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  1.  61 DLs
    H. E. Emson (2003). It is Immoral to Require Consent for Cadaver Organ Donation. Journal of Medical Ethics 29 (3):125-127.
    No one has the right to say what should be done to their body after deathIn my opinion any concept of property in the human body either during life or after death is biologically inaccurate and morally wrong. The body should be regarded as on loan to the individual from the biomass, to which the cadaver will inevitably return. Development of immunosuppressive drugs has resulted in the cadaver becoming a unique and invaluable resource to those who will benefit from organ (...)
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  2.  11 DLs
    H. E. Emson (1987). The Ethics of Human Cadaver Organ Transplantation: A Biologist's Viewpoint. Journal of Medical Ethics 13 (3):124-126.
    The rights of the various individuals involved in decision-making in cadaver organ donation are considered, and there is discussion of the relation of human cadavers to the planetary biomass. I conclude that the rights of the potential recipient should outweigh those of the other parties concerned and that education and legislation should recognise and promote this.
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  3.  10 DLs
    H. E. Emson (1992). Rights, Duties and Responsibilities in Health Care. Journal of Applied Philosophy 9 (1):3-11.
    The value of autonomy is generally stated to be of prime importance in relation to health care. Arising out of this, rights of the patient to and in health care have been extensively discussed and stated, and have found expression in law. There have been minimal statements of the rights of others involved in health care, such as caregivers, and minimal discussion of duties and responsibilities in relation to rights claimed and conferred. The author suggests that no claim to rights (...)
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  4.  3 DLs
    H. E. Emson (1995). Rights, Duties, and Limits of Autonomy. Cambridge Quarterly of Healthcare Ethics 4 (01):6-.
    In the language of secular bioethics, autonomy is always accorded first place in the hierarchy of values that has come to be referred to as the “Georgetown mantra” A dictionary definition of mantra is “a verbal spell, ritualistic incantation, or mystic formula used devotionally,” and the value placed upon autonomy is largely of this nature: uncritical and uncriticised. That there should be and are limits to autonomy is obvious, but these boundaries are undefined, little discussed, and mostly unexplored. To use (...)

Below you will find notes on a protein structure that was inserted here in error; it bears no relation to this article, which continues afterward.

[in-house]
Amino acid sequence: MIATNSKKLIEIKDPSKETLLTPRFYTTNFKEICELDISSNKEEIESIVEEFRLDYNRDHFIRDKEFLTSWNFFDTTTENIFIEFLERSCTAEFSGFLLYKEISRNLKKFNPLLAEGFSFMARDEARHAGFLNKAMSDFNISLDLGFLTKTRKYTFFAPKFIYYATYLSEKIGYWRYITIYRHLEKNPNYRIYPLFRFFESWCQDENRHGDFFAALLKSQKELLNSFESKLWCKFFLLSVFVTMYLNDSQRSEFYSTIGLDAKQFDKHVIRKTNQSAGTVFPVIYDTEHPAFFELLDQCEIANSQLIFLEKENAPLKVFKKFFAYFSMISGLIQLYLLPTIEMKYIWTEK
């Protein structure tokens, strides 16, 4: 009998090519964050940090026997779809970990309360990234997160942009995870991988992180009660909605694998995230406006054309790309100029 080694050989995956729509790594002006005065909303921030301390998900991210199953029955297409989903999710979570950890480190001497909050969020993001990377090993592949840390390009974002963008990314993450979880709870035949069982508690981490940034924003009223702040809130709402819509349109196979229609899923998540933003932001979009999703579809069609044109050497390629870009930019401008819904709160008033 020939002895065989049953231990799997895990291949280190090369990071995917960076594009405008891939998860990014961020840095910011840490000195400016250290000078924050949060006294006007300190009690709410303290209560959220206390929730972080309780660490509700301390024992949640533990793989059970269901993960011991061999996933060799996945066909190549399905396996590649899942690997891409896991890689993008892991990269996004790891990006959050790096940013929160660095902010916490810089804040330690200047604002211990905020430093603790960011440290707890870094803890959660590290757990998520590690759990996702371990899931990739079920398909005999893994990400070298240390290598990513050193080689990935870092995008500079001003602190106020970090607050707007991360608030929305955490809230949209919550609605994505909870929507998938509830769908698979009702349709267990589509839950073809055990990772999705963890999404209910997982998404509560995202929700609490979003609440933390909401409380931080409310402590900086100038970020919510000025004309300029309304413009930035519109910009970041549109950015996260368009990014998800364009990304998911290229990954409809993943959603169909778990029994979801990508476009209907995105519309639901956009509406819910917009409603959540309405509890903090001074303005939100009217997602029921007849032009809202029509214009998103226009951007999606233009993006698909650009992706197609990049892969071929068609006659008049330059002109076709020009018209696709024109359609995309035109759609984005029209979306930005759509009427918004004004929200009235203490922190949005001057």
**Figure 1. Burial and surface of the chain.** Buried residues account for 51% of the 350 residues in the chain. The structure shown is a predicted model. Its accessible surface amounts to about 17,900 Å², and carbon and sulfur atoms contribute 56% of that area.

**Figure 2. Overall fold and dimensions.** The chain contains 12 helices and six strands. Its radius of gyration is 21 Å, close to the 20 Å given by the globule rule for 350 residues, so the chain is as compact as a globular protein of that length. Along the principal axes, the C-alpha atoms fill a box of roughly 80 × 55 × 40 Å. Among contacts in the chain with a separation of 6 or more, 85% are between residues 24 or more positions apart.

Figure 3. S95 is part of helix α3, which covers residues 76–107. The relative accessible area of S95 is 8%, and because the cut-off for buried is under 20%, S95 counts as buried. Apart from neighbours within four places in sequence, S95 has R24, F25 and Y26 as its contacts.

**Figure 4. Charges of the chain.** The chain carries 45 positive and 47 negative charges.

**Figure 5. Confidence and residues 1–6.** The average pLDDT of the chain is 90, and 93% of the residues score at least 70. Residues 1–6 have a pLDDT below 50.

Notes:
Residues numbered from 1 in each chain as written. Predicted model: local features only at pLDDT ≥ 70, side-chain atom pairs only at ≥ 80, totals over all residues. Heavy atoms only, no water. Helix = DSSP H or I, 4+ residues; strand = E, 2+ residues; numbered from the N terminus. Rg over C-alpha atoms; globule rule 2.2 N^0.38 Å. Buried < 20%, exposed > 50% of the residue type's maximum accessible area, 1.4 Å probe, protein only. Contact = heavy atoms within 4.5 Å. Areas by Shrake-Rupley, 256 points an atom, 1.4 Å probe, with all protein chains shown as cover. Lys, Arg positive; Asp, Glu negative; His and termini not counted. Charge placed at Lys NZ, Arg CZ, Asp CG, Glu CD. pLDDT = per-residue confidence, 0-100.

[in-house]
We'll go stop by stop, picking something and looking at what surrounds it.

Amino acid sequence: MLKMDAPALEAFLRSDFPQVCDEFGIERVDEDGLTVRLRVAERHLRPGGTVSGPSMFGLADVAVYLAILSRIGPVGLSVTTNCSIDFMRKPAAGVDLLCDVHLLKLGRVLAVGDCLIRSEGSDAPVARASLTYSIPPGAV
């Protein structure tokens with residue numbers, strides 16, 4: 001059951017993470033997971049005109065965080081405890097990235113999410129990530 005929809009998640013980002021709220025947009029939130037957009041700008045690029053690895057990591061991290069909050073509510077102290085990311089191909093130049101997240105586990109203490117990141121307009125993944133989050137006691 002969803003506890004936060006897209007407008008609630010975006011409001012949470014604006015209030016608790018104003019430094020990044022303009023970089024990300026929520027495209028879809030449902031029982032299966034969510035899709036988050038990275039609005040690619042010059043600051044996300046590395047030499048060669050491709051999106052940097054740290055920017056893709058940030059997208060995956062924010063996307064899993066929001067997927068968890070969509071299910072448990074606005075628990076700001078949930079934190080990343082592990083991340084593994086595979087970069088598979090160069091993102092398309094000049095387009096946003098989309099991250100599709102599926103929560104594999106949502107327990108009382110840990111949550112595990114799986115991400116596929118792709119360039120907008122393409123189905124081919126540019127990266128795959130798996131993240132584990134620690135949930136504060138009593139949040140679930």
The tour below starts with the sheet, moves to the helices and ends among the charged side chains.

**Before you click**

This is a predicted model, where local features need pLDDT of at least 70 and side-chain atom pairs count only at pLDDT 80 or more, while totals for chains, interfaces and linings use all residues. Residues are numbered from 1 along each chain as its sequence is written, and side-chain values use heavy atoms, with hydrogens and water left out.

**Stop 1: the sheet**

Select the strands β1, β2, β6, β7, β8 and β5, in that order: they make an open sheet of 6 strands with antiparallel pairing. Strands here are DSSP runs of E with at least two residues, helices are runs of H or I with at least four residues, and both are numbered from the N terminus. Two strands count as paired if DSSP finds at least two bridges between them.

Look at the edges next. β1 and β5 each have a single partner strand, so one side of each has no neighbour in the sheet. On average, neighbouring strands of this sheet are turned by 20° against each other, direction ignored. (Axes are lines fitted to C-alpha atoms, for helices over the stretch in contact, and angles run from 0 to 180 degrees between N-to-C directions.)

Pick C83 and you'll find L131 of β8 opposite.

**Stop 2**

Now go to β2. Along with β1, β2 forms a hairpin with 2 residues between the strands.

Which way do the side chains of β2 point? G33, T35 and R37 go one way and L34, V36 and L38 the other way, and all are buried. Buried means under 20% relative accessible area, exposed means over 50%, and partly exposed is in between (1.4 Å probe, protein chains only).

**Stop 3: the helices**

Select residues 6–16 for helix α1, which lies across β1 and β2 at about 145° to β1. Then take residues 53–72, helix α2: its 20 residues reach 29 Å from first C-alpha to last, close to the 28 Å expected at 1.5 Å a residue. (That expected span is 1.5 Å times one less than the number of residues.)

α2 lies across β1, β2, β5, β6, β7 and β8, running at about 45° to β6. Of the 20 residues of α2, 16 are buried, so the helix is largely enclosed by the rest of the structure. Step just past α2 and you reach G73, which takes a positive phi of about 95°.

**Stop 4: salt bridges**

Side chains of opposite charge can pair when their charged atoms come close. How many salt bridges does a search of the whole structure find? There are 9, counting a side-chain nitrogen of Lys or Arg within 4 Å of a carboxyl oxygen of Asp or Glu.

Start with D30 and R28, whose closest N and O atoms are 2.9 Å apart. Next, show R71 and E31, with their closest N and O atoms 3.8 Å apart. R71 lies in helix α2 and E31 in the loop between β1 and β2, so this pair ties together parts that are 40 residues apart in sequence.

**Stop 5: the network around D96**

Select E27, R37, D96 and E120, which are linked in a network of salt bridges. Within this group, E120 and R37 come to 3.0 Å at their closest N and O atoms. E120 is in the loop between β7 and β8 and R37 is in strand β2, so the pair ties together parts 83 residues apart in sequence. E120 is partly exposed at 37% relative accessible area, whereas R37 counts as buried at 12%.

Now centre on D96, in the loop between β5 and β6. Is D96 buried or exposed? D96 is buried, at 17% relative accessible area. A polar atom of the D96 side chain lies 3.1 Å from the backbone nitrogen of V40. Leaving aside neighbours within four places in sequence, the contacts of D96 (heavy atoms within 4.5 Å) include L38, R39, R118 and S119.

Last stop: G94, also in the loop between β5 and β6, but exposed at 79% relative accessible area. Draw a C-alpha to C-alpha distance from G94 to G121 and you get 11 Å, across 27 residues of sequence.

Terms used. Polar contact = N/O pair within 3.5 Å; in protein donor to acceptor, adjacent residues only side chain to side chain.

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  5.  0 DLs
    H. E. Emson (1988). Confidentiality: A Modified Value. Journal of Medical Ethics 14 (2):87-90.
    In its original expression as a medical value confidentiality may have been absolute; this concept has become eroded by patient consent, legal actions and change in the climate of public opinion. In particular requirements arising out of legal statutes and common law judgements have greatly modified the confidentiality of the doctor-patient relationship in societies deriving their law from English origins. Despite this, confidentiality remains a value which the physician must strive to preserve. He cannot however do this without considering its (...)
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  6.  0 DLs
    H. E. Emson (1994). Minimal Breaches of Confidentiality in Health Care Research: A Canadian Perspective. Journal of Medical Ethics 20 (3):165-168.
    In a large proportion of health care research based on the retrospective review of records, minimal breach of patient confidentiality appears to be inevitable. This occurs at initial identification of and access to the chart, selected on the basis of the condition under investigation, and while individual identifiability can be blocked at subsequent stages, at this point it does occur. Prospective individual consent is impractical because often neither the desirability nor the specific subject of the research is known at the (...)
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